Emory Bankruptcy Developments Journal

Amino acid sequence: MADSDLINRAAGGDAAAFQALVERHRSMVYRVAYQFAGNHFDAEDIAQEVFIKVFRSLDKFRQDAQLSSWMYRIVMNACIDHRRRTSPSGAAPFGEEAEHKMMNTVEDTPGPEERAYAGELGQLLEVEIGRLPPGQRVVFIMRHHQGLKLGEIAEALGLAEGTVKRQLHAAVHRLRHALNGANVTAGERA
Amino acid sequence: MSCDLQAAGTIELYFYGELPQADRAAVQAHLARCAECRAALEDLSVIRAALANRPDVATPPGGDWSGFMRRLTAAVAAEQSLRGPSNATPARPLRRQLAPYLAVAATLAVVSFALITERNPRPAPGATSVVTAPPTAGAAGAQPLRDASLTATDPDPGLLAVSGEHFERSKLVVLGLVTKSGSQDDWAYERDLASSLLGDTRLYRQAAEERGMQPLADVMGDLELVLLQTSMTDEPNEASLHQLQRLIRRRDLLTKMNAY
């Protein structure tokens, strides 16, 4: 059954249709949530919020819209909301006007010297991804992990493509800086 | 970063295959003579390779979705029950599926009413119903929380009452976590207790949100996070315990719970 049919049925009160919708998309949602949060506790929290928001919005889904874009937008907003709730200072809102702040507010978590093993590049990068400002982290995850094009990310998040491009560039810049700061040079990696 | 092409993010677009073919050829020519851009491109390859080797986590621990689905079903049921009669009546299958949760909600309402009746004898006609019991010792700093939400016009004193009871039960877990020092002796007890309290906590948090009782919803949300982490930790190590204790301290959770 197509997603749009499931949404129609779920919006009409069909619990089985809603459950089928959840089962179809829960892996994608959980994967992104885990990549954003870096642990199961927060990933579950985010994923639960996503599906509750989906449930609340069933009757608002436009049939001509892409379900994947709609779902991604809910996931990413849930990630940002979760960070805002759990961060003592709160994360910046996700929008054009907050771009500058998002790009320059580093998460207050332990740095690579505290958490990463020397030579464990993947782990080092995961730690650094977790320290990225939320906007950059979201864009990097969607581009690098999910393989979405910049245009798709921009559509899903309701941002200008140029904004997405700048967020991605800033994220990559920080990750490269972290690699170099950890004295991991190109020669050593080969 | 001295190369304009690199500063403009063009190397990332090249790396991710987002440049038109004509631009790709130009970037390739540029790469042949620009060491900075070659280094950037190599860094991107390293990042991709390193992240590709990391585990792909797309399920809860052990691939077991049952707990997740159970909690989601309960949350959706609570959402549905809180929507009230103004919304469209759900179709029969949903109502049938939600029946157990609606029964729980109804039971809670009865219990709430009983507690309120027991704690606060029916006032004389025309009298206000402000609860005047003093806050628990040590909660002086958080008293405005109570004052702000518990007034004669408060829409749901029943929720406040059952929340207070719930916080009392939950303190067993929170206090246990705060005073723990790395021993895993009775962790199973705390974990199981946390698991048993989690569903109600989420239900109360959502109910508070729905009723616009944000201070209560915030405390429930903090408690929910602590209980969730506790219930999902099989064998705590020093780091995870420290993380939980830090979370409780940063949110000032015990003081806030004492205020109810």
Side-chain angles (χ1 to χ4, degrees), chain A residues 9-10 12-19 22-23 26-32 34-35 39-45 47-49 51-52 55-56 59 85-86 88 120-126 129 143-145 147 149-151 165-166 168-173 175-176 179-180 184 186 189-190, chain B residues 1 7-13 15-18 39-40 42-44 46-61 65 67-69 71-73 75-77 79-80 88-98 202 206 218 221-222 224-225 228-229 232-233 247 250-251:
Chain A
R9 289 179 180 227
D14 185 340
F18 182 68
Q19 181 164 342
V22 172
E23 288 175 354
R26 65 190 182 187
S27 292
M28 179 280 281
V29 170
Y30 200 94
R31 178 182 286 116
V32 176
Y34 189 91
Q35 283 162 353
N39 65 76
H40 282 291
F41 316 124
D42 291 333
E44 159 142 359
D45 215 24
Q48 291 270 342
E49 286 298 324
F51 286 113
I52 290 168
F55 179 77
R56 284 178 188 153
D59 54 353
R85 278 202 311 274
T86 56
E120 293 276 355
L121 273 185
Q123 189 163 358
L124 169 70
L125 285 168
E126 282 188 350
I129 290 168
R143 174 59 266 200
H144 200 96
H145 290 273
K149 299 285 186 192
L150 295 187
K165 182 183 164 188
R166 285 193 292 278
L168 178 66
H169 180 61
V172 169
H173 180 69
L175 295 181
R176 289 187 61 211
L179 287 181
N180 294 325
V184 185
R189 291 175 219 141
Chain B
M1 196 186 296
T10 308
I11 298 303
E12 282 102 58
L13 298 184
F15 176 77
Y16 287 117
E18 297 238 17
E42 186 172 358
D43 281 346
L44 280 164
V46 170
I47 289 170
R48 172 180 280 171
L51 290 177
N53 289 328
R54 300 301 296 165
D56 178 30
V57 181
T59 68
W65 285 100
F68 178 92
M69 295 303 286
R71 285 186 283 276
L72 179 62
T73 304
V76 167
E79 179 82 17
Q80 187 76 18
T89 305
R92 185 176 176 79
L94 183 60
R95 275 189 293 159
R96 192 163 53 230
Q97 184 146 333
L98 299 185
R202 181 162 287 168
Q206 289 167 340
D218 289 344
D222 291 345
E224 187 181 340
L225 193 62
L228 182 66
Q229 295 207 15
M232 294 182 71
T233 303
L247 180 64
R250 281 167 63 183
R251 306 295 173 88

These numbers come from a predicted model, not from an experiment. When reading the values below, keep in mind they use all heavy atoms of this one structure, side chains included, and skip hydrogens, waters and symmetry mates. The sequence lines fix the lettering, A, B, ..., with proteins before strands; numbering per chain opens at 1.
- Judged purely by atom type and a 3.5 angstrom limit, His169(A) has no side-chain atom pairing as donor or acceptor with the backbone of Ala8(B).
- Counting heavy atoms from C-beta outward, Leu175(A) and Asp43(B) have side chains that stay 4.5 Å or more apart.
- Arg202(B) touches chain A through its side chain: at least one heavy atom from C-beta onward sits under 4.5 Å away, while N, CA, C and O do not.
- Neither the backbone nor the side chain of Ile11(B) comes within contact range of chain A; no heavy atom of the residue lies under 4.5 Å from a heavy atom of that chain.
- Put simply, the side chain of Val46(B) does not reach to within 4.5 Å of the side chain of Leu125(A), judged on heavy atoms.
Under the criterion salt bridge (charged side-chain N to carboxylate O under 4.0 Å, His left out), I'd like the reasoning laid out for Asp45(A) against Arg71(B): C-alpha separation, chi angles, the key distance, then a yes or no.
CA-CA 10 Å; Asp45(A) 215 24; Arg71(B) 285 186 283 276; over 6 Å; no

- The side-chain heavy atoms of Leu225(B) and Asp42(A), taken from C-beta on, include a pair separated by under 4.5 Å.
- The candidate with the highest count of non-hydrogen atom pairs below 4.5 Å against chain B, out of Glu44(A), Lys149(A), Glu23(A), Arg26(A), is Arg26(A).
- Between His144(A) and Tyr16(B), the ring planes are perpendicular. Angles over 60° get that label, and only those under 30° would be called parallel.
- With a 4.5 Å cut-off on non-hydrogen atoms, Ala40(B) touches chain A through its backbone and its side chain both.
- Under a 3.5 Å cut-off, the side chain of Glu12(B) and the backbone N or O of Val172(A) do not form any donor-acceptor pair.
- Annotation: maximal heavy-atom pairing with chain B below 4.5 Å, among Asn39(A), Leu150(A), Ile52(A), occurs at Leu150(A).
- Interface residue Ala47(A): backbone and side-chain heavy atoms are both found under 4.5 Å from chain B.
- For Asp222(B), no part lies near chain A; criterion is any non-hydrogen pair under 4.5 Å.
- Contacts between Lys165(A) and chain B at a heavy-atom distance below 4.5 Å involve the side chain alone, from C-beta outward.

The purpose of this Article is to summarize the current state of the law regarding appellate standing in bankruptcy appeals within the various sister circuit courts of the United States, and to recommend how the law of appellate review of bankruptcy court orders should be applied. We will begin with a purely descriptive summary of the law of standing in federal courts and of standing to appeal orders of bankruptcy courts specifically. From this discussion it should be clear that courts almost universally limit appellate standing of bankruptcy court orders to parties that can demonstrate that they are a person-aggrieved—in other words, have been pecuniarily harmed—by that order. The requirement that a party demonstrate a direct pecuniary interest to have standing to appeal a bankruptcy court order is often justified by arguments based on judicial economy and is understood as a prudential standing doctrine. As a prudential doctrine, the person-aggrieved test applied to limit standing has no basis in the constitution or the statutory text of the modern bankruptcy code. Given the Supreme Court’s recent holdings—most notably Lexmark International, Inc. v. Static Control Components, Inc. —which aim to curb the use of prudential standing tests devoid of statutory or constitutional justifications, the law regarding standing to appeal bankruptcy court orders is subject to change. We will summarize developments in the law of standing to appeal bankruptcy court orders across the several circuits. Recently, the Supreme Court declined to grant certiorari review to an appellant of a bankruptcy court order who sought clarity regarding the continued legality of the person-aggrieved test in bankruptcy appeals. Accordingly, in the immediate future, Lexmark’s impact on bankruptcy appeals will be defined exclusively by the several circuits. We will conclude with our recommendations that courts should combine different circuit approaches to allowing and limiting appeals. Specifically, we recommend that courts adopt the Ninth Circuit’s interpretation of Lexmark combined with the Seventh and Tenth Circuits’ rules for appellant standing.